|Publication number||US7511675 B2|
|Application number||US 10/422,578|
|Publication date||Mar 31, 2009|
|Filing date||Apr 24, 2003|
|Priority date||Oct 26, 2000|
|Also published as||CN1816943A, CN1816943B, DE602004010089D1, DE602004010089T2, EP1616368A1, EP1616368B1, US20040119644, WO2004095635A1|
|Publication number||10422578, 422578, US 7511675 B2, US 7511675B2, US-B2-7511675, US7511675 B2, US7511675B2|
|Inventors||Carles Puente-Baliarda, Edouard Rozan, Jaume Anguera-Pros, Enrique Martinez-Ortigosa|
|Original Assignee||Advanced Automotive Antennas, S.L.|
|Export Citation||BiBTeX, EndNote, RefMan|
|Patent Citations (104), Non-Patent Citations (20), Referenced by (63), Classifications (27), Legal Events (2)|
|External Links: USPTO, USPTO Assignment, Espacenet|
This is a continuation-in-part of International Application Number PCT/EP00/10562, filed on Oct. 26, 2000 under the Patent Cooperation Treaty (PCT), and entitled Integrated Multiservice Car Antenna.
The technology described in this patent application relates to the field of antennas. More particularly, the application describes an antenna system of a motor vehicle.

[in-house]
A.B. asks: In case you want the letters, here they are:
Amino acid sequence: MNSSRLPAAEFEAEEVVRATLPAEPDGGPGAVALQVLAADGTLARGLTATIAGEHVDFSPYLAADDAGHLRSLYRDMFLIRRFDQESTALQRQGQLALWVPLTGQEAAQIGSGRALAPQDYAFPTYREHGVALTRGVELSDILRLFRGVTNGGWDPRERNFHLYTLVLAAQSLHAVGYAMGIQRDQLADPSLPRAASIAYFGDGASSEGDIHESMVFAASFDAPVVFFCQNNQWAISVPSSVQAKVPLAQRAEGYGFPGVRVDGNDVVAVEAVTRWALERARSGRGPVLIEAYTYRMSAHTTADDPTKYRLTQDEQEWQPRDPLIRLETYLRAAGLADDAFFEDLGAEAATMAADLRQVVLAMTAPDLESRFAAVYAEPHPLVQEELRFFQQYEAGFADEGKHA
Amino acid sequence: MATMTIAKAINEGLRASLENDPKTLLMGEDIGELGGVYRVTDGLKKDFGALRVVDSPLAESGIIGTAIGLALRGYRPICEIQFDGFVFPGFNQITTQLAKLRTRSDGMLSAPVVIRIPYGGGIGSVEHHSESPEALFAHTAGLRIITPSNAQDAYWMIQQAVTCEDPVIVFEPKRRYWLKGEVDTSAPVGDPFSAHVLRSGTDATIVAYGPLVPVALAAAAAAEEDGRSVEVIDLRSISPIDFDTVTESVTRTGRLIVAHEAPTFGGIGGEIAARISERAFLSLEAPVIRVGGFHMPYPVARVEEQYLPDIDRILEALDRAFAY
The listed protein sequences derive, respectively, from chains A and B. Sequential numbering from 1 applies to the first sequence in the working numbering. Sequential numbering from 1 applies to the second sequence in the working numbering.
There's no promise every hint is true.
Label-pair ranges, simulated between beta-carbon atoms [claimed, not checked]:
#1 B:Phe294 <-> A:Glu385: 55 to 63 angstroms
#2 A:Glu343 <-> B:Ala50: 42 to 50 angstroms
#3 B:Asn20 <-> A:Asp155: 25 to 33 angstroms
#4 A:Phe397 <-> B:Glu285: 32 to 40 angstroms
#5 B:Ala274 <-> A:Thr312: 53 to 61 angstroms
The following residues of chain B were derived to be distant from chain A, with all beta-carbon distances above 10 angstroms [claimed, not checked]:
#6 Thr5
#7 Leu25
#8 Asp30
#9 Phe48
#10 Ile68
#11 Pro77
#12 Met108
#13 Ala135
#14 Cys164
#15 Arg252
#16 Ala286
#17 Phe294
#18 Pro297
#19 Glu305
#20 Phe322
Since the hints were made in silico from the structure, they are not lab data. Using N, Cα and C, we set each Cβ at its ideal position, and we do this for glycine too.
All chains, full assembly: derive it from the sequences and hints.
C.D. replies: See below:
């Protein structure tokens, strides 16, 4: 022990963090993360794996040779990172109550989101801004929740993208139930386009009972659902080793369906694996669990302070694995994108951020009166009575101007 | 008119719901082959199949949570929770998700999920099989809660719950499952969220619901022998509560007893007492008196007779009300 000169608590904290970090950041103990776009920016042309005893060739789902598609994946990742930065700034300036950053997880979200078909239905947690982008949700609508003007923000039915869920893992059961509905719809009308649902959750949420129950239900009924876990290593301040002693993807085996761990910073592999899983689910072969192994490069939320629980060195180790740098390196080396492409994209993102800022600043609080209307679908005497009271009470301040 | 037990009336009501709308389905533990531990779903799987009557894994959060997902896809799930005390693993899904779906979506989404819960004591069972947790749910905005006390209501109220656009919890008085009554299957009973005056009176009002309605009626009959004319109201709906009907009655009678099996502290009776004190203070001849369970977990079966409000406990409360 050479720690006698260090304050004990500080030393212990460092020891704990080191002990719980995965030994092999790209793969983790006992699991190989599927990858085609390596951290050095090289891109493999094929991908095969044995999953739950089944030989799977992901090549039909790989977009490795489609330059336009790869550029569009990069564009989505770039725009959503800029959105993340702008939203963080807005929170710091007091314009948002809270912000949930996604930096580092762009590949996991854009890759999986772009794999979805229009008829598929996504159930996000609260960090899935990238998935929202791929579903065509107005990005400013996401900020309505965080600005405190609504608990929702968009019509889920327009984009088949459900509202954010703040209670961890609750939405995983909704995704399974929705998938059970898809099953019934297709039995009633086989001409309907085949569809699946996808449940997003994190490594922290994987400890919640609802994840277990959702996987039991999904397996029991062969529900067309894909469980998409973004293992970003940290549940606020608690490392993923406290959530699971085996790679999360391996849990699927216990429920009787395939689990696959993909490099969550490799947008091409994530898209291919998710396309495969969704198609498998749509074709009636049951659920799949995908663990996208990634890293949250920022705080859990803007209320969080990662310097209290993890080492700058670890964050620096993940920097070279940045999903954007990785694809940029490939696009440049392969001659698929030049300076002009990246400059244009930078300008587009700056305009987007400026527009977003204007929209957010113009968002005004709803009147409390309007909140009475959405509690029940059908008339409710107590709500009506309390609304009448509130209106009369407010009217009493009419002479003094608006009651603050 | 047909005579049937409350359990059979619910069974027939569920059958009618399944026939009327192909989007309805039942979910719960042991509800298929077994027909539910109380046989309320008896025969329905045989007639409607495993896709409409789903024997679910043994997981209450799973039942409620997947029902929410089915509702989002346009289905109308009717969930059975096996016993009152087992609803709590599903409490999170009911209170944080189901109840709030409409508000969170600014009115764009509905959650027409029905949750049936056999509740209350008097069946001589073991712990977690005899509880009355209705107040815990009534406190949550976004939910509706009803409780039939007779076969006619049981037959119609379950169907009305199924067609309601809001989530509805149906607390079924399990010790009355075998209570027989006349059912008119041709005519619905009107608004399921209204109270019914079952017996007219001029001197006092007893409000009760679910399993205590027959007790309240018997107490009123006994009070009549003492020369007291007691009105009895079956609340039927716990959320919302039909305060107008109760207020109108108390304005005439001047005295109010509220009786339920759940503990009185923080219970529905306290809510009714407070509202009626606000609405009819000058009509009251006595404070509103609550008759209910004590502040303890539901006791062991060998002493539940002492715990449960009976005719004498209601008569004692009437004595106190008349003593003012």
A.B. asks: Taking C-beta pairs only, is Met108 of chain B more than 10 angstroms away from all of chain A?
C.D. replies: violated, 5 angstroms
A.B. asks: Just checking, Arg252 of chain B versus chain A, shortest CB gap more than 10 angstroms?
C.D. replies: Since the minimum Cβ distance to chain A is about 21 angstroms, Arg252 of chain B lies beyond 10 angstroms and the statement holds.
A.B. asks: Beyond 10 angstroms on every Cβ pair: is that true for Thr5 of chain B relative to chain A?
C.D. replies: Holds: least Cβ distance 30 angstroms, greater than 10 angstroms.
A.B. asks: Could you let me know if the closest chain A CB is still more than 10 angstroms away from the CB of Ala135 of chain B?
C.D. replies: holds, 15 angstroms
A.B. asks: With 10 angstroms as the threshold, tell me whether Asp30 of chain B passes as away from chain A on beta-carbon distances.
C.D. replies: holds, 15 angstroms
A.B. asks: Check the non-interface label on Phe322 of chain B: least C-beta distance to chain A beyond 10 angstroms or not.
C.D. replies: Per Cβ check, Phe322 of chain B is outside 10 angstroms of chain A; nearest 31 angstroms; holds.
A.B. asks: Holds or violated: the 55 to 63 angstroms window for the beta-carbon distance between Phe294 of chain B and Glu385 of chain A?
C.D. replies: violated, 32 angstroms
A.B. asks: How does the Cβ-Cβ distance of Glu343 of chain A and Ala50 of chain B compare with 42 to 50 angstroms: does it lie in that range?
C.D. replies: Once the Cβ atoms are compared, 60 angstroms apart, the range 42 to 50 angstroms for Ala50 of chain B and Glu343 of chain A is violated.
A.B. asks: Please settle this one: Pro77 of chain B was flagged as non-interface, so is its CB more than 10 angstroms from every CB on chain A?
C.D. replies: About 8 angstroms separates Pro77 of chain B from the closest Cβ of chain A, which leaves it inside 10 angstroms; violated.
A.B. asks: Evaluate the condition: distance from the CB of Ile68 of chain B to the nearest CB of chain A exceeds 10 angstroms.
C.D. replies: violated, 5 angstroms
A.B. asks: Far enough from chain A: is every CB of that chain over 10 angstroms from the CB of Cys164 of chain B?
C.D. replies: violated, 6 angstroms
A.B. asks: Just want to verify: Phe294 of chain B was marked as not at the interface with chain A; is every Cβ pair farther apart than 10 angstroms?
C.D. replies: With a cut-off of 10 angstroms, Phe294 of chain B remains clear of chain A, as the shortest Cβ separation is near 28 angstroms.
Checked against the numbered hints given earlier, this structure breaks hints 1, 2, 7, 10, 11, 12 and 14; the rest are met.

This invention relates to a multiservice antenna system that may, for example, be integrated in a plastic cover fixed in the inner surface of the transparent windshield of a motor vehicle.
The invention includes miniaturized antennas for the basic services currently required in a car, namely, the radio reception, preferably within the AM and FM or DAB bands, the cellular telephony for transmitting and receiving in the GSM 900, GSM 1800 and UMTS bands, and the GPS navigation system.
The antenna shape and design are based on combined miniaturization techniques which permit a substantial size reduction of the antenna making possible its integration into a vehicle component such as, for instance, a rearview mirror.